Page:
Above: Archway leading into the thoroughfare called Austin Friars from Old Broad Street.
As we walk around the City of London today, the features that are probably the most noticeable are the tall office blocks. For those who lived in 16th century London, the tallest buildings would have been the numerous large monastic churches – some having large square towers rather like today’s Southwark Cathedral. Within the Roman Wall of the City were at least eight religious houses, each with a church approximating the size of today’s Southwark Cathedral. Although it is not within the City, mention of the Cathedral is made for two reasons. Firstly it was once the church of a religious house and, secondly, because it is about the same size as many of the monastic churches within the City.
The land in the City occupied by the religious houses when combined with the parish churches, the churchyards and various priest’s houses covered about a third of the total area. That gives some idea of the importance of such places in medieval times. Today, money is the driving force in the City and so it is no surprise to find that most of the land is occupied by offices related to financial services.
There are places in the City of London that hardly seem to have changed over the centuries. This is not always because the original building from long ago is still standing. One of those places is definitely to be found in Old Broad Street. In medieval times it was called Broad Street – because it was a ‘main street’ in the city and also because it was an important one. Today, it is probably best known for having Tower 42 standing beside it which, when it was first built, was then called the Nat West Tower.
For those who walked around the City at the times of the religious houses, the street was known for bordering a very large piece of private land – the Austin Friars Priory. Where Throgmorton Street joins onto Old Broad Street today is a stone archway leading to a narrow street called Austin Friars. Almost nothing remains of the ancient religious house but, for some reason, the site of the old priory gateway leading into the priory land is still a gateway today. The street layout leading from the site of the gateway has not changed in over 500 years, maybe longer. The original gateway into Austin Friars was probably more ornate than the one we see today.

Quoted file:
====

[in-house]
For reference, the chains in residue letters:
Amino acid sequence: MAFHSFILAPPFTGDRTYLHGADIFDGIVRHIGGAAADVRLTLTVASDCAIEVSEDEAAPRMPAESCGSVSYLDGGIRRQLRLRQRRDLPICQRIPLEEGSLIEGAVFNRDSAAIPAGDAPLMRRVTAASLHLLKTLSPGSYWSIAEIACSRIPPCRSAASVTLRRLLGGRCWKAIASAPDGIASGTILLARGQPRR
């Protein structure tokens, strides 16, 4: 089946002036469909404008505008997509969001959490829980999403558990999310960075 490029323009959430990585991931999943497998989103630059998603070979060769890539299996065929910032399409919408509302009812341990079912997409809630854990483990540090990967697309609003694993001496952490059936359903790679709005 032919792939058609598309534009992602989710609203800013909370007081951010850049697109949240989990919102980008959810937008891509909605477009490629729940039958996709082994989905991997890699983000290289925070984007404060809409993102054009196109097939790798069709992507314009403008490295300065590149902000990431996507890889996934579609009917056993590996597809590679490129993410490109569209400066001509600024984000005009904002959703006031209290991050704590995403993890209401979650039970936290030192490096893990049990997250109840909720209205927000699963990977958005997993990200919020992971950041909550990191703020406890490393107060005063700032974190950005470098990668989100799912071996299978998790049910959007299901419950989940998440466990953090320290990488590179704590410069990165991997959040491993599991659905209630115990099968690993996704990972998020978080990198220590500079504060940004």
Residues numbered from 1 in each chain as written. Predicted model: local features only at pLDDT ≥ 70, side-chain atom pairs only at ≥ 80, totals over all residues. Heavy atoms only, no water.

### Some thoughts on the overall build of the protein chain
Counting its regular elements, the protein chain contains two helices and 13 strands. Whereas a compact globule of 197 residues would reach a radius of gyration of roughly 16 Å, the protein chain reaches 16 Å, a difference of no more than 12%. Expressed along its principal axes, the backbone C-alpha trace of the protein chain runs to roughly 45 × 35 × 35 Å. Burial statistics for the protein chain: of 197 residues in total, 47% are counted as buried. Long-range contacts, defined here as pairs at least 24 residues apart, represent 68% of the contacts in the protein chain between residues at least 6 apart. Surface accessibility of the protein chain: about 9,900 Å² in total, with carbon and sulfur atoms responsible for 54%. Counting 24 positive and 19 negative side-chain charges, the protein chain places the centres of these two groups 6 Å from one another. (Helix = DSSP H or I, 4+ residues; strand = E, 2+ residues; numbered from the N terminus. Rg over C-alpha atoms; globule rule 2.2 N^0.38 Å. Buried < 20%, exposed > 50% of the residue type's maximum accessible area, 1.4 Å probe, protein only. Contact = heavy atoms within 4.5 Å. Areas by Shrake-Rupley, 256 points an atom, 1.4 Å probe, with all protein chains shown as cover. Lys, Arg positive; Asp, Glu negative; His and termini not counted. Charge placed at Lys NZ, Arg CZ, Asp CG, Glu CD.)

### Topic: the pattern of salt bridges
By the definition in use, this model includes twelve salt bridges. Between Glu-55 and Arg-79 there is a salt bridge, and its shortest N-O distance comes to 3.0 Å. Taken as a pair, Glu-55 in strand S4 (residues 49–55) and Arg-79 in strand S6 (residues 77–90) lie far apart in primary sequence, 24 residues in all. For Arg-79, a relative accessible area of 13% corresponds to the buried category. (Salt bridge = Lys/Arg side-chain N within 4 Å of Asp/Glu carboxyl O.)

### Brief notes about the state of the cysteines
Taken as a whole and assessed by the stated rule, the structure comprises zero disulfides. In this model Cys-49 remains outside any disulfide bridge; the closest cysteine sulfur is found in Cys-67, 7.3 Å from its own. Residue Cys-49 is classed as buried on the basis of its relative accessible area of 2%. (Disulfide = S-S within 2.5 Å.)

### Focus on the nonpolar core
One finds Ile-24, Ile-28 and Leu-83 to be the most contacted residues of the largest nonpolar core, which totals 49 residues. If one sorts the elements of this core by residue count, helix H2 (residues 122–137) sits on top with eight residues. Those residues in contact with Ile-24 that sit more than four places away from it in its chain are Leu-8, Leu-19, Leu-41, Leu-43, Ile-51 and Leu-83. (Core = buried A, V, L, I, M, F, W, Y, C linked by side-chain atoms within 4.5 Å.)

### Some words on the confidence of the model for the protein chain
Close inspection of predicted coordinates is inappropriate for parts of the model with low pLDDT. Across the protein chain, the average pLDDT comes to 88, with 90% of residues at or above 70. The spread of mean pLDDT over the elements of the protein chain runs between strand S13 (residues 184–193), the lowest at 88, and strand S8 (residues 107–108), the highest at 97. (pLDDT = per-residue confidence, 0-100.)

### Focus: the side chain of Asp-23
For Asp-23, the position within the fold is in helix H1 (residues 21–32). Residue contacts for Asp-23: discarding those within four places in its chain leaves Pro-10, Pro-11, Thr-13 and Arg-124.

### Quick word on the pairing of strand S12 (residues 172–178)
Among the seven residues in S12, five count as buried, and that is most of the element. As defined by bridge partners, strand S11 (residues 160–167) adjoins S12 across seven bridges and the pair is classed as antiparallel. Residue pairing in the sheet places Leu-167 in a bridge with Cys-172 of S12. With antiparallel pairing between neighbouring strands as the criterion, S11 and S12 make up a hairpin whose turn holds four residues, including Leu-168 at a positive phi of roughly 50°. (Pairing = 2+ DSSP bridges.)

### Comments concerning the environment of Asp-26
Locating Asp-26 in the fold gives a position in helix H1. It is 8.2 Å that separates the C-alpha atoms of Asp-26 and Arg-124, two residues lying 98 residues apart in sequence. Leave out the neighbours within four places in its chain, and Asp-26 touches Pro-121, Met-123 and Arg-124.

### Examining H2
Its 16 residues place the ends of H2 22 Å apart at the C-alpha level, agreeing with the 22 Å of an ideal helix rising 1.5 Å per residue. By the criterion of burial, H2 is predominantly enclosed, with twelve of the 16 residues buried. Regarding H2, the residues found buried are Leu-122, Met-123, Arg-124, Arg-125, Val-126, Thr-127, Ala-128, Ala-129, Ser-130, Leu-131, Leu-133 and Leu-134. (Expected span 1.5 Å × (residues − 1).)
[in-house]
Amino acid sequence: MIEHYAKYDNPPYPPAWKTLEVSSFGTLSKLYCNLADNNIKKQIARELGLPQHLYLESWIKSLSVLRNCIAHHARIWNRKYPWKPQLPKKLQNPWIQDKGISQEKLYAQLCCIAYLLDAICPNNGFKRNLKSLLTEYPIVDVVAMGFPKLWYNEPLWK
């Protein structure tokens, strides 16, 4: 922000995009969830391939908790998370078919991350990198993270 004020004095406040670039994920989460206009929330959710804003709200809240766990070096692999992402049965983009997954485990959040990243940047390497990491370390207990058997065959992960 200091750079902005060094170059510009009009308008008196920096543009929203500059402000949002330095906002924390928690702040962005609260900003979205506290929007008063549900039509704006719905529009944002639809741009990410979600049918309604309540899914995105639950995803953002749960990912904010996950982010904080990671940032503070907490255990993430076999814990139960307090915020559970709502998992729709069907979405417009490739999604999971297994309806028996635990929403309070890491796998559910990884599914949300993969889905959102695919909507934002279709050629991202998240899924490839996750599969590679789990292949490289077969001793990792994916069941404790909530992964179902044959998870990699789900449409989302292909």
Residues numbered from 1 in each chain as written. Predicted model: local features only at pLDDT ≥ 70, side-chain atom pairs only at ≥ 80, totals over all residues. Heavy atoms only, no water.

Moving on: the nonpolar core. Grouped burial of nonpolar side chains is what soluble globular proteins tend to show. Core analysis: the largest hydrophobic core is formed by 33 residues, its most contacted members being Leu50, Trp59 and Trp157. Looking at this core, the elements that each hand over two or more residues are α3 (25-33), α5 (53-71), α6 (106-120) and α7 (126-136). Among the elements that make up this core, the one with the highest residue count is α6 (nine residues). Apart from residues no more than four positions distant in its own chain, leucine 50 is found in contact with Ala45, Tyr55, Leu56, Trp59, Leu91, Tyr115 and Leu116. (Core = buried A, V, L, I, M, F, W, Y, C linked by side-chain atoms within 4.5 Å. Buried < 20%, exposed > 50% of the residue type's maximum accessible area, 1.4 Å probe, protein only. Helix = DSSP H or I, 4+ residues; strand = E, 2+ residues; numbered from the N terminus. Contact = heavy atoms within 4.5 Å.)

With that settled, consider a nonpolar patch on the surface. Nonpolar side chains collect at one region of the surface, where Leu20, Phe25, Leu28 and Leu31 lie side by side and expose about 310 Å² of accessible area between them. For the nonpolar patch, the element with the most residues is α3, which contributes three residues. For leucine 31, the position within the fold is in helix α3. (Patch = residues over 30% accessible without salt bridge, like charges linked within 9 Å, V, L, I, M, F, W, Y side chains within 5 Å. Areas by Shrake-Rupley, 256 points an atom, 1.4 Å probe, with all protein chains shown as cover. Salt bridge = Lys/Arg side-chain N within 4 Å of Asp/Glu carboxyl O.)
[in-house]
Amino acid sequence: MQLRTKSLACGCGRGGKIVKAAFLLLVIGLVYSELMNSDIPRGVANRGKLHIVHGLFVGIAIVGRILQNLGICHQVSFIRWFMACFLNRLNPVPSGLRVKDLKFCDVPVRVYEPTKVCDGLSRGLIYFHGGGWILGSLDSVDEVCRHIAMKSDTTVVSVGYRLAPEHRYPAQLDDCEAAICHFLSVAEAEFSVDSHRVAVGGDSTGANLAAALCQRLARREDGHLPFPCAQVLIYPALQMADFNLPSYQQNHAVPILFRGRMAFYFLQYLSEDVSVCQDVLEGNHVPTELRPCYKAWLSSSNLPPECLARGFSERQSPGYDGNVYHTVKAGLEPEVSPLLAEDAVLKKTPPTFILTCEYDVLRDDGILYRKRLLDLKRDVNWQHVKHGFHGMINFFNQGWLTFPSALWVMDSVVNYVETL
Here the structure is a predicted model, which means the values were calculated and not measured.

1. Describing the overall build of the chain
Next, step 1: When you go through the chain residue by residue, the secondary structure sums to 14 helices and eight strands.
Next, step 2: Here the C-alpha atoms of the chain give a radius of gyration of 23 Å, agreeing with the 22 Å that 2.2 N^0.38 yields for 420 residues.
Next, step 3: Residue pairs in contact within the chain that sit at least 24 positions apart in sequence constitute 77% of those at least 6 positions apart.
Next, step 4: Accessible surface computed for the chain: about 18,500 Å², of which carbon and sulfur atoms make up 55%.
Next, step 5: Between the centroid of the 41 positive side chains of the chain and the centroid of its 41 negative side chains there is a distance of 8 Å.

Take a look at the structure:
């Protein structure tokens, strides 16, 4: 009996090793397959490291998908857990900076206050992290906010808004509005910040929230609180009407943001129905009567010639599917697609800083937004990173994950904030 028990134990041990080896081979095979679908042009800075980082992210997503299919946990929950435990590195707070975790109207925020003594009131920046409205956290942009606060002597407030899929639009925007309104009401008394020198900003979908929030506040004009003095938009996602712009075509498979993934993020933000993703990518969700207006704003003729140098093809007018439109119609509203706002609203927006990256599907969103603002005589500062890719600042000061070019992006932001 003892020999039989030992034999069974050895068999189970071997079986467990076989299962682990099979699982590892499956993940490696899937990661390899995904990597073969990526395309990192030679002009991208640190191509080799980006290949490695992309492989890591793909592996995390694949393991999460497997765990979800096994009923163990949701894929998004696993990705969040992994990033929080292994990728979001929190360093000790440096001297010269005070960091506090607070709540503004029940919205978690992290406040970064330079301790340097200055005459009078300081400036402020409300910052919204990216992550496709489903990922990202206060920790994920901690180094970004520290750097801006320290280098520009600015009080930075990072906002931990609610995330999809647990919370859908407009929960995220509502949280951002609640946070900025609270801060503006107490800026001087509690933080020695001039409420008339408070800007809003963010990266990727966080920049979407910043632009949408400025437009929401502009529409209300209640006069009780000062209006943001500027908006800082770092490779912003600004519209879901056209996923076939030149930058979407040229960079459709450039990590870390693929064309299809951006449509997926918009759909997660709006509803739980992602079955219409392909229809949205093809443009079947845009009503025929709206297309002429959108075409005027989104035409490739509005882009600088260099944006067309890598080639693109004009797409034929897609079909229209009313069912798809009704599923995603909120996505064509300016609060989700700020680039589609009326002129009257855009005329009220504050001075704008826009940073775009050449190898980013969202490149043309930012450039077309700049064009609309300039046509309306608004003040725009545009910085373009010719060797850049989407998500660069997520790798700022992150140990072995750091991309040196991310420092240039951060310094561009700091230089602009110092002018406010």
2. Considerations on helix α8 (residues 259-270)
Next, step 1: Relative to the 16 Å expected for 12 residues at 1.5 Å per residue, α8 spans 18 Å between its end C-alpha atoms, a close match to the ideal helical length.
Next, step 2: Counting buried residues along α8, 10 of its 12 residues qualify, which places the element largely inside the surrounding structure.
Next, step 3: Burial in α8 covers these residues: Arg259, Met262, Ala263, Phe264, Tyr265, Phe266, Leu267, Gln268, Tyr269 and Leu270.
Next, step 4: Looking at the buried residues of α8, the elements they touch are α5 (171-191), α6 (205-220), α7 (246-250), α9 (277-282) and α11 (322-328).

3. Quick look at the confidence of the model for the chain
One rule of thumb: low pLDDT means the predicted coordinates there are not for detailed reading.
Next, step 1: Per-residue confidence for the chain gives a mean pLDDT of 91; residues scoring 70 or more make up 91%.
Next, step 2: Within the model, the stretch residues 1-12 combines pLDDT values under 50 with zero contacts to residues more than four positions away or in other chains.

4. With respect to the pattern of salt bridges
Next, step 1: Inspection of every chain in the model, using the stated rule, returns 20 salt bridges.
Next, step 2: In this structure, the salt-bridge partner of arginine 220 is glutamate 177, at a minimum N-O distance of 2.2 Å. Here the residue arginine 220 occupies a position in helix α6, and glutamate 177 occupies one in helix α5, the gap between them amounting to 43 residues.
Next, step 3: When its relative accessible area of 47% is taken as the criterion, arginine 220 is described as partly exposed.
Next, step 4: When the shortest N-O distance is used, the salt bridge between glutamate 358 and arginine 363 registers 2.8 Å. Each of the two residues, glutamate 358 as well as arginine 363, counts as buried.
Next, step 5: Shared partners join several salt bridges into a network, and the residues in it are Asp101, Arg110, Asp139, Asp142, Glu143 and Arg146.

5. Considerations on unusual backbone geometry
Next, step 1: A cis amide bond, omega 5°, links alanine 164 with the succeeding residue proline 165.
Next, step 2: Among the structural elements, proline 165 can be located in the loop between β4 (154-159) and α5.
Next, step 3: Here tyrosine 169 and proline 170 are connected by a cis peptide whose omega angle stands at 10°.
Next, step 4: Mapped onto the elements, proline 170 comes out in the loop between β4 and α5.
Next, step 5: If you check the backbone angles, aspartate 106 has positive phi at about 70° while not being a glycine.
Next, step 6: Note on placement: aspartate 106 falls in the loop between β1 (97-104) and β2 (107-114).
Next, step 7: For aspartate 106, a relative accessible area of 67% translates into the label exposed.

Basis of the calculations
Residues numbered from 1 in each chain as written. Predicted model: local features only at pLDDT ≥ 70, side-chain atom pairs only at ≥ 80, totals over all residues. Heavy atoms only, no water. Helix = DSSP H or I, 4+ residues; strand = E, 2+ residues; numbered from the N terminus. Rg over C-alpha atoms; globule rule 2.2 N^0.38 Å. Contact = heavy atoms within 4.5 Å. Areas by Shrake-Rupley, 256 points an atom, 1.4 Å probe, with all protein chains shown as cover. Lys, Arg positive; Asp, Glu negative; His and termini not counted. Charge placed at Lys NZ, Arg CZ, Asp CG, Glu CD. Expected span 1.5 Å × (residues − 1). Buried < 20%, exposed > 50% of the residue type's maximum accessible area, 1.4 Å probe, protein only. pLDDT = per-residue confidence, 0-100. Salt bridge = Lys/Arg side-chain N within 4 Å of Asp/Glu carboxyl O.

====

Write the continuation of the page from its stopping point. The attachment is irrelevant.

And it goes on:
Above: Plan of the Austin Friary Priory superimposed onto a modern street plan.
The Austin Friars – called more correctly the ‘Friars Hermits of the Order of St Augustine of Hippo’ – were founded in 1253 by Humphrey de Bohun on a large site beside Old Broad Street. The name ‘Austin Friars’ was a corruption of Augustine Friars. It was the main English house of their order.
At the Dissolution of the Monasteries (1536), it was closed by Henry VIII. The priory and its extensive land remained in use until 1538. The church remained standing for several centuries and the alignment of the street called Austin Friars has been influenced by the original layout of the priory to this day.
The western side of Old Broad Street would have been a stone wall forming part of the boundary of the priory land. Behind that wall – land that no members of the public in 15th century London were allowed to visit – was the priory church. In 1550, the nave of the old priory church was given to Dutch Protestant refugees fleeing from religious persecution on the Continent. They were allowed to live in the City and use the old nave for their own place of worship. They have been using that site ever since. It is known simply as the ‘Dutch Church’.
Although all the monastic land is now open for public access, there is still a feeling as you walk along the narrow street called Austin Friars that you are within the ancient religious precinct. Seeing the stone statue of the monk on the corner of the street and finding the Dutch church nearby both help to create the illusion that the monks might still be there today.